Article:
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Scalable electrophysiology in intact small animals with nanoscale suspended electrode arrays

Abstract

Electrical measurements from large populations of animals would help reveal fundamental properties of the nervous system and neurological diseases. Small invertebrates are ideal for these large-scale studies; however, patch-clamp electrophysiology in microscopic animals typically requires invasive dissections and is low-throughput. To overcome these limitations, we present nano-SPEARs: suspended electrodes integrated into a scalable microfluidic device. Using this technology, we have made the first extracellular recordings of body-wall muscle electrophysiology inside an intact roundworm, Caenorhabditis elegans. We can also use nano-SPEARs to record from multiple animals in parallel and even from other species, such as Hydra littoralis. Furthermore, we use nano-SPEARs to establish the first electrophysiological phenotypes for C. elegans models for amyotrophic lateral sclerosis and Parkinson's disease, and show a partial rescue of the Parkinson's phenotype through drug treatment. These results demonstrate that nano-SPEARs provide the core technology for microchips that enable scalable, in vivo studies of neurobiology and neurological diseases.

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Figure 1: nano-SPEARs probe muscle cells in intact C. elegans.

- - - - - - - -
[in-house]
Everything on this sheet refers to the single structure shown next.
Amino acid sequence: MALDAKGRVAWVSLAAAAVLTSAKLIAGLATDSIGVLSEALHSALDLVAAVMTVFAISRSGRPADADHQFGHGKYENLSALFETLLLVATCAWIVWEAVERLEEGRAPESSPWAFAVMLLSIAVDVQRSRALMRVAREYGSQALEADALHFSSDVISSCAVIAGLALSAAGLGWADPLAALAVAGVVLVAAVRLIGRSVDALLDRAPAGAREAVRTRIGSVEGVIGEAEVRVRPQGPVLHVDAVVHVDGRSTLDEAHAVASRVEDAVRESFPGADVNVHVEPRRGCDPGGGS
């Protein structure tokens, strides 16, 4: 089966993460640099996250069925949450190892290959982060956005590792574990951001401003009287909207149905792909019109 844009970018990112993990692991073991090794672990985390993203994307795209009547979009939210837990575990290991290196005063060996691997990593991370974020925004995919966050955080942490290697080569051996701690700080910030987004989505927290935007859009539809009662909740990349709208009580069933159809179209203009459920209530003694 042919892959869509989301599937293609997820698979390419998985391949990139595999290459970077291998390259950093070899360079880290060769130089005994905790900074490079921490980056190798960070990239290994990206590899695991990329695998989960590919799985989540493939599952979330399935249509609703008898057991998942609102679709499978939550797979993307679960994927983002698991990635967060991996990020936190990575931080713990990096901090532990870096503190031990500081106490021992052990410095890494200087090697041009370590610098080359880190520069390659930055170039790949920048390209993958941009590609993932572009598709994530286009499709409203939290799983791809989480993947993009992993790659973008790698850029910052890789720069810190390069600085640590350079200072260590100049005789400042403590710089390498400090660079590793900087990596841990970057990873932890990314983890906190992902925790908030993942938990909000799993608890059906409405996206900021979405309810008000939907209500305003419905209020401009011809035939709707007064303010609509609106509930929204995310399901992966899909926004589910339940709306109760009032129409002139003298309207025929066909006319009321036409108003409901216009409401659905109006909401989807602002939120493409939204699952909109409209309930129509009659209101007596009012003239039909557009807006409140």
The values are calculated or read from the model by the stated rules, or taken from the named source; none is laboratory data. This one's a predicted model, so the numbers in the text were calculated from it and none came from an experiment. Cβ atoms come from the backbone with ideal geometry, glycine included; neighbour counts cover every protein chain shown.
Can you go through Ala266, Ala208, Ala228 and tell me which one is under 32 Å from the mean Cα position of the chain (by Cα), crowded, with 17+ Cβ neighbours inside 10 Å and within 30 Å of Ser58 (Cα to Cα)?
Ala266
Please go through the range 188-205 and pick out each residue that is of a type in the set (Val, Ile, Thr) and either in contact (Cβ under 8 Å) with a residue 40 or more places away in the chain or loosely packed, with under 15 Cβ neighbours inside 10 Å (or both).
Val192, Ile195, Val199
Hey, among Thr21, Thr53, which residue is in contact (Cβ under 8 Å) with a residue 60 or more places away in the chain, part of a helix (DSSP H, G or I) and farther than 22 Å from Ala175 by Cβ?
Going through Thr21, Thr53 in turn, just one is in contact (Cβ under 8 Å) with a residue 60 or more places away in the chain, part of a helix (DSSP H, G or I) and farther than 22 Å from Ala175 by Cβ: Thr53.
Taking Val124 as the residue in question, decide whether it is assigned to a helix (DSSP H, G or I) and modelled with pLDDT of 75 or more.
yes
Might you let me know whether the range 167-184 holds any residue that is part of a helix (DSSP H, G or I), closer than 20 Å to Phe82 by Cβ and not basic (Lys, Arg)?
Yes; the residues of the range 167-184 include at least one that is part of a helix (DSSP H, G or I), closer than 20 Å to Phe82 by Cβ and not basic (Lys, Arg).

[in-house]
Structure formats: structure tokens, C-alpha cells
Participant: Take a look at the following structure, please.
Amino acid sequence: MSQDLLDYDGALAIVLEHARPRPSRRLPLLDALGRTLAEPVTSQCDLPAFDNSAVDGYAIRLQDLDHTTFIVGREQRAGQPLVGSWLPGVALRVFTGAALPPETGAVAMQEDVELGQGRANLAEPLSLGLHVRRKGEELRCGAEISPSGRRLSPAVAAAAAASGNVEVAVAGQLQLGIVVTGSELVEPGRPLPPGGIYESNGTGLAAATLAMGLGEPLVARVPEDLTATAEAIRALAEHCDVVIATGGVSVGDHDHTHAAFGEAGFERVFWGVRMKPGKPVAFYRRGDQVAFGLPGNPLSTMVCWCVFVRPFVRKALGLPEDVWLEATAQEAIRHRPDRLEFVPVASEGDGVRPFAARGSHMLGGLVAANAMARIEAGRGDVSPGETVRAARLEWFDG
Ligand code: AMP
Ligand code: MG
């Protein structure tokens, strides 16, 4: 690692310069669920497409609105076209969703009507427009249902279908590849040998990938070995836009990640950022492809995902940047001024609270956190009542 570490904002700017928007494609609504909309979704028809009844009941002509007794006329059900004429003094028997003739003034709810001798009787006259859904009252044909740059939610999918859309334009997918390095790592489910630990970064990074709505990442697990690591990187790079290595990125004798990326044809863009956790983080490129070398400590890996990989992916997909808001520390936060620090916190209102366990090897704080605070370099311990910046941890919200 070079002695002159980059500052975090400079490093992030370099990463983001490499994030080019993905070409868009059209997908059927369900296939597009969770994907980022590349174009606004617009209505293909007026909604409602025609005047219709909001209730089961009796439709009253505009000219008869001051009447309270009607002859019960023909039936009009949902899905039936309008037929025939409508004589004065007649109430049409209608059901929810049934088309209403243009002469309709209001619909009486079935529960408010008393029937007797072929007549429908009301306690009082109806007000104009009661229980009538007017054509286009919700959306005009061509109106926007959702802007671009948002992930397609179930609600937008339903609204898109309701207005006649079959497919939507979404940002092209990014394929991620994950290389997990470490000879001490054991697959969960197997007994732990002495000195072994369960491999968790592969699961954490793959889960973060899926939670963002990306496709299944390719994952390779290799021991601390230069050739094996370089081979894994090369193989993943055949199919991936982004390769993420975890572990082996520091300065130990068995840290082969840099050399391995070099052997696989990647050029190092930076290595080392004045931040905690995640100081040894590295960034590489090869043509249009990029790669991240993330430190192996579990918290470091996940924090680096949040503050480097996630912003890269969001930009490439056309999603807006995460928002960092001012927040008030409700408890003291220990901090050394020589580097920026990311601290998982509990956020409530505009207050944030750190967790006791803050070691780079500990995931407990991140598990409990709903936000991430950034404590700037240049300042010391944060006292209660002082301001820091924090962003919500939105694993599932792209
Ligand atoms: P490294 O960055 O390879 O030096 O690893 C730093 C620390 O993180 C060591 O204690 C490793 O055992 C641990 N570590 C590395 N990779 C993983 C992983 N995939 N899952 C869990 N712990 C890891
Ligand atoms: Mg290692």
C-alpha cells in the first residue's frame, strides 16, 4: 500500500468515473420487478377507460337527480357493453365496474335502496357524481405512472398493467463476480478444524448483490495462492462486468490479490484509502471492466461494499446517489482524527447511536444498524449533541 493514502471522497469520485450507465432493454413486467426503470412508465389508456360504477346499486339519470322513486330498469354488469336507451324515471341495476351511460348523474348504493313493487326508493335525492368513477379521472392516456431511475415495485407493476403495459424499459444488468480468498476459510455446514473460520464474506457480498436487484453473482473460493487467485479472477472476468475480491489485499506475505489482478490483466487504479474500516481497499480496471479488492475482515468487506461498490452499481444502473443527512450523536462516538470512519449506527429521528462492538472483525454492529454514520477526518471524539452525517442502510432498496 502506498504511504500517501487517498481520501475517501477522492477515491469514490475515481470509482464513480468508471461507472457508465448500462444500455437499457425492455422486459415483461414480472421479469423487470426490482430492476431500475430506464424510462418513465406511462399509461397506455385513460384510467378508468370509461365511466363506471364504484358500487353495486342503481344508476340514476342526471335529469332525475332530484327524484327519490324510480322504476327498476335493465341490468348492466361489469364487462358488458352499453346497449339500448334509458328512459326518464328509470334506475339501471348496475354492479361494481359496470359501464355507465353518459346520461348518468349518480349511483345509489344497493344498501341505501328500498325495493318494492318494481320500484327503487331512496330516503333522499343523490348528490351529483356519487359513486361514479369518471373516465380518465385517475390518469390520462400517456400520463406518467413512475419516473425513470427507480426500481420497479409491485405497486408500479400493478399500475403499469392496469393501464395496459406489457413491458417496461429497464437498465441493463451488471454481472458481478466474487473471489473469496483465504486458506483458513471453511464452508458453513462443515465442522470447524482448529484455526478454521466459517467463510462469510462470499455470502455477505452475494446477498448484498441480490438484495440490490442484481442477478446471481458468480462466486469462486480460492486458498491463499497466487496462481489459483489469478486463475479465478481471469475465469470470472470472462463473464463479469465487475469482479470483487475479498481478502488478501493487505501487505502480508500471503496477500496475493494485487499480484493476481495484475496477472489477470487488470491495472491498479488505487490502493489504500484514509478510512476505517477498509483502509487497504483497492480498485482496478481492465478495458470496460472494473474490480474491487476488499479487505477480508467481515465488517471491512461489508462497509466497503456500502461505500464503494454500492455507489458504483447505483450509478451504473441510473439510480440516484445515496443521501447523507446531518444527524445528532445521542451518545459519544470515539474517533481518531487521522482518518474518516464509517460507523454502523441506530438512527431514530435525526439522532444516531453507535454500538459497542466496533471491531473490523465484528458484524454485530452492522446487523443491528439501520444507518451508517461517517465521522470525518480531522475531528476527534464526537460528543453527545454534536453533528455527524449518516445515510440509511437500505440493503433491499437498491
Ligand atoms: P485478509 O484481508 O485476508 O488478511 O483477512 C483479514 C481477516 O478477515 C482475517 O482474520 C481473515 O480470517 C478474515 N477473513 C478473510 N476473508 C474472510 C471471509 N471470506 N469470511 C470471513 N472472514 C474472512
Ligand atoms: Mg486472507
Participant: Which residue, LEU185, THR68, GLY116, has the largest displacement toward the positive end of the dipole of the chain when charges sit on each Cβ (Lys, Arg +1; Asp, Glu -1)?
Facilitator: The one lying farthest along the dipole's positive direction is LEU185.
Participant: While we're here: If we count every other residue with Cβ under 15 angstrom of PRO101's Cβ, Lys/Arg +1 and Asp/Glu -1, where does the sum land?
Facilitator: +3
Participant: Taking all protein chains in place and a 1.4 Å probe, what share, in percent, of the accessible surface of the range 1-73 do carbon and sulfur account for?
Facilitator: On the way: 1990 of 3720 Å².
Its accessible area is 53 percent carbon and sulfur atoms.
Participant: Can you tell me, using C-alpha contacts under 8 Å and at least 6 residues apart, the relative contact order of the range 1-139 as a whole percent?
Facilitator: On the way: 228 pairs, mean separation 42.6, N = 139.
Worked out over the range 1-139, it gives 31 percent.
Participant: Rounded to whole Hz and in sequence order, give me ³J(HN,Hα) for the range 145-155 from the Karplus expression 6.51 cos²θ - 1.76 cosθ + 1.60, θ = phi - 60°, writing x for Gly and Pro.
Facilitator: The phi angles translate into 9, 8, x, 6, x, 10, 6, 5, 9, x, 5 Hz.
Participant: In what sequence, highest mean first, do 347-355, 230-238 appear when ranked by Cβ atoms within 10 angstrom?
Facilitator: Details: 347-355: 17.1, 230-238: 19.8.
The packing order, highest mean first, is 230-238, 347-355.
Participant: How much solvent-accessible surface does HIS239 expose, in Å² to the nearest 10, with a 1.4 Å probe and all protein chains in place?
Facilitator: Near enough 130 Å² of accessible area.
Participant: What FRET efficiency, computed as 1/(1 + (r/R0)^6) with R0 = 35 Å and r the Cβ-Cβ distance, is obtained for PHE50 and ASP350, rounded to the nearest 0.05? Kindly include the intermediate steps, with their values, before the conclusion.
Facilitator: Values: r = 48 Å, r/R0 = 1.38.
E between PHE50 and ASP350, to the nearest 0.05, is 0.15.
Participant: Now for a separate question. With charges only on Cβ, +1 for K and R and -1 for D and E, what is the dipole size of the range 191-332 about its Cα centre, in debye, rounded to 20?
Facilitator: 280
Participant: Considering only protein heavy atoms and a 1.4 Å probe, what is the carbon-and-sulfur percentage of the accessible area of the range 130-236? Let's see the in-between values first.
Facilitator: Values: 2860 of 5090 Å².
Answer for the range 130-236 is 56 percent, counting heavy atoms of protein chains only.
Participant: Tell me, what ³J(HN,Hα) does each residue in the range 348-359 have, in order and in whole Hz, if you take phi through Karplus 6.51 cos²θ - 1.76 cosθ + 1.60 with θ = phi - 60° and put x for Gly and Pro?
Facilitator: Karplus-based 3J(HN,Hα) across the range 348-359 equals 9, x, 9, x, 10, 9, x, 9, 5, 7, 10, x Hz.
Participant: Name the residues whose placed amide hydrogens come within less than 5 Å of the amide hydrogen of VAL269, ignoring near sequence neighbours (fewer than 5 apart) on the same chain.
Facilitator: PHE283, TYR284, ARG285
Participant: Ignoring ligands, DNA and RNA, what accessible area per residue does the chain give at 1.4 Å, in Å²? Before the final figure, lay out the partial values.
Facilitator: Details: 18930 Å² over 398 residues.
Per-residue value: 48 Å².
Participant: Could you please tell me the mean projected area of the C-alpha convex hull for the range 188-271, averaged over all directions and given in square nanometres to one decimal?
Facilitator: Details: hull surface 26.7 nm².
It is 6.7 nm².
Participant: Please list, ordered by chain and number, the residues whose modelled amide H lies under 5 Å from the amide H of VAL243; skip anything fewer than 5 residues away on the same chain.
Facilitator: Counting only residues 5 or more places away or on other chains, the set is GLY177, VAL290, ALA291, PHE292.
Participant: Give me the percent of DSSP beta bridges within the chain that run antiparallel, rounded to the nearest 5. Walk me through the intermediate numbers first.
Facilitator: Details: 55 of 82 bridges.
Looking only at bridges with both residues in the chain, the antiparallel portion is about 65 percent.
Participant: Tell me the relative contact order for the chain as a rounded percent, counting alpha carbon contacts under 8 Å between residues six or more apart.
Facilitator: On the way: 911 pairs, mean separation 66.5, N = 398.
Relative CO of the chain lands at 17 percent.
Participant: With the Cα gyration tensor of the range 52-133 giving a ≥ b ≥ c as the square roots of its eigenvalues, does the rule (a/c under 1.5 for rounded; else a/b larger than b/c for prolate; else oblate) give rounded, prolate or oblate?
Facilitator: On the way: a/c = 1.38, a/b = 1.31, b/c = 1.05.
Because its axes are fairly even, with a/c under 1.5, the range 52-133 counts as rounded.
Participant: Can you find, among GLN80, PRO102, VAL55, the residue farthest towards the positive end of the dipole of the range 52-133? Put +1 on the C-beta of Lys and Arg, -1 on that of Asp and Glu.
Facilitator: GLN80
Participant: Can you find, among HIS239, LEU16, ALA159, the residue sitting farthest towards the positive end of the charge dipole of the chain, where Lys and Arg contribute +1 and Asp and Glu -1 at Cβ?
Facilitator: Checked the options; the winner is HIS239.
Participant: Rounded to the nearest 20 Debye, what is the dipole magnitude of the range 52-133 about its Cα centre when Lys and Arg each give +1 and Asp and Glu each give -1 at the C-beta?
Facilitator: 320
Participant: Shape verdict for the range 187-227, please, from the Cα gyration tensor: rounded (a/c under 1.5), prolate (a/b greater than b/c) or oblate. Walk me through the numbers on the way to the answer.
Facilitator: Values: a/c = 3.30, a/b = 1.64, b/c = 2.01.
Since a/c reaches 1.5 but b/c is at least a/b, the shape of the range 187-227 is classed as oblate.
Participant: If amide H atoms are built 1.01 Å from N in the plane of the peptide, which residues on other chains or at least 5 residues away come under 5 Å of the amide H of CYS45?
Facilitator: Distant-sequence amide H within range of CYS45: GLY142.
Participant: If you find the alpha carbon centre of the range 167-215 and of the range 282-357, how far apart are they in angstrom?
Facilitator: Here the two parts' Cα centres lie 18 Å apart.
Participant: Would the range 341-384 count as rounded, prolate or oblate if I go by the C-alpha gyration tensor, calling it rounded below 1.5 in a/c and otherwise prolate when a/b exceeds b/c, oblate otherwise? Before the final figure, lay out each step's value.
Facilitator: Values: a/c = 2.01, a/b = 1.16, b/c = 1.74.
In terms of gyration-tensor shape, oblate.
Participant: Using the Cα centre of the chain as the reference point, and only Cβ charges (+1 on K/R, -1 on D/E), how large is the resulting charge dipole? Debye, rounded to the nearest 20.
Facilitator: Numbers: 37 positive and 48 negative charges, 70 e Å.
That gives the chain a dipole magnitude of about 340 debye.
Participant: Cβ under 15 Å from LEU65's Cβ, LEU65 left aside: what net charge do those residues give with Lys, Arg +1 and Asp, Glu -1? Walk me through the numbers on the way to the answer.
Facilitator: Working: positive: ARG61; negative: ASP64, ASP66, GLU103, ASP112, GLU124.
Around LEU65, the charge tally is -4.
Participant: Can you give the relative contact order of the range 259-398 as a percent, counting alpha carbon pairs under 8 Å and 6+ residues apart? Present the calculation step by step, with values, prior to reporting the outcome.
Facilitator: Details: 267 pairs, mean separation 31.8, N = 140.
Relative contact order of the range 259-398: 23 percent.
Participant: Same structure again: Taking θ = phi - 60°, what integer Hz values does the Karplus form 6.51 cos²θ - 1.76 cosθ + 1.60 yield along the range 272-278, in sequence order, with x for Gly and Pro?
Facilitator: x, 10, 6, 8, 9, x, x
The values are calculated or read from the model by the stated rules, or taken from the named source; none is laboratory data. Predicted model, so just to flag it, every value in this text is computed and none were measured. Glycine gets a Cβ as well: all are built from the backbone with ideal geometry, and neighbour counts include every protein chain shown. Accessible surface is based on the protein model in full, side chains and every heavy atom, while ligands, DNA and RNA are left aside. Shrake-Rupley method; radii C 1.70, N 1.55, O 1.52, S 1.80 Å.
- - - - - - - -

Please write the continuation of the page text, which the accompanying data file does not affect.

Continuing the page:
Figure 2: nano-SPEAR recordings are due to animal electrophysiology.
Figure 3: nano-SPEARs record electrophysiological activity from C. elegans body-wall muscles.
Figure 4: nano-SPEARs record continuously for tens of minutes.
Figure 5: nano-SPEARs reveal phenotypes for neurodegenerative disease models.

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Acknowledgements

We thank C. Kemere for discussions on extracellular recordings and spectral analysis. Several strains were provided by the Caenorhabditis Genetics Center, which is funded by National Institutes of Health (NIH) Office of Research Infrastructure Programs (P40 OD010440). J. Wang provided the ALS worm strains and A. Fouad from the Fang-Yen Lab provided the YX9 animals. This work is funded by the Defense Advanced Research Projects Agency Young Faculty Award D14AP00049 (J.T.R.), NIH grant DA018341 (W.Z.) and the Hamill Foundation (J.T.R. and W.Z.). D.L.G. is funded by the National Science Foundation (NSF) Graduate Research Fellowship Program 0940902. D.L.G. and K.N.B. are funded by training fellowships from the Keck Center of the Gulf Coast Consortia on the NSF Integrative Graduate Education and Research Traineeship (IGERT): Neuroengineering from Cells to Systems 1250104. We also thank the Rice Shared Equipment Authority and the University of Houston Nanofabrication Facility where devices were fabricated.

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D.L.G. performed and analysed C. elegans experiments. K.N.B. performed and analysed fluorescence microscopy measurements and Hydra recordings. D.L.G., K.N.B. and D.G.V. developed the fabrication process. B.W.A. provided hardware and software support. Z.L. outcrossed shk-1(lf). W.Z. provided support in outcrossing and locomotive phenotyping. J.T.R. directed the research. D.L.G. and J.T.R. co-wrote the paper. All authors read and commented on the manuscript.

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Correspondence to Jacob T. Robinson.

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Gonzales, D., Badhiwala, K., Vercosa, D. et al. Scalable electrophysiology in intact small animals with nanoscale suspended electrode arrays. Nature Nanotech 12, 684–691 (2017). https://doi.org/10.1038/nnano.2017.55

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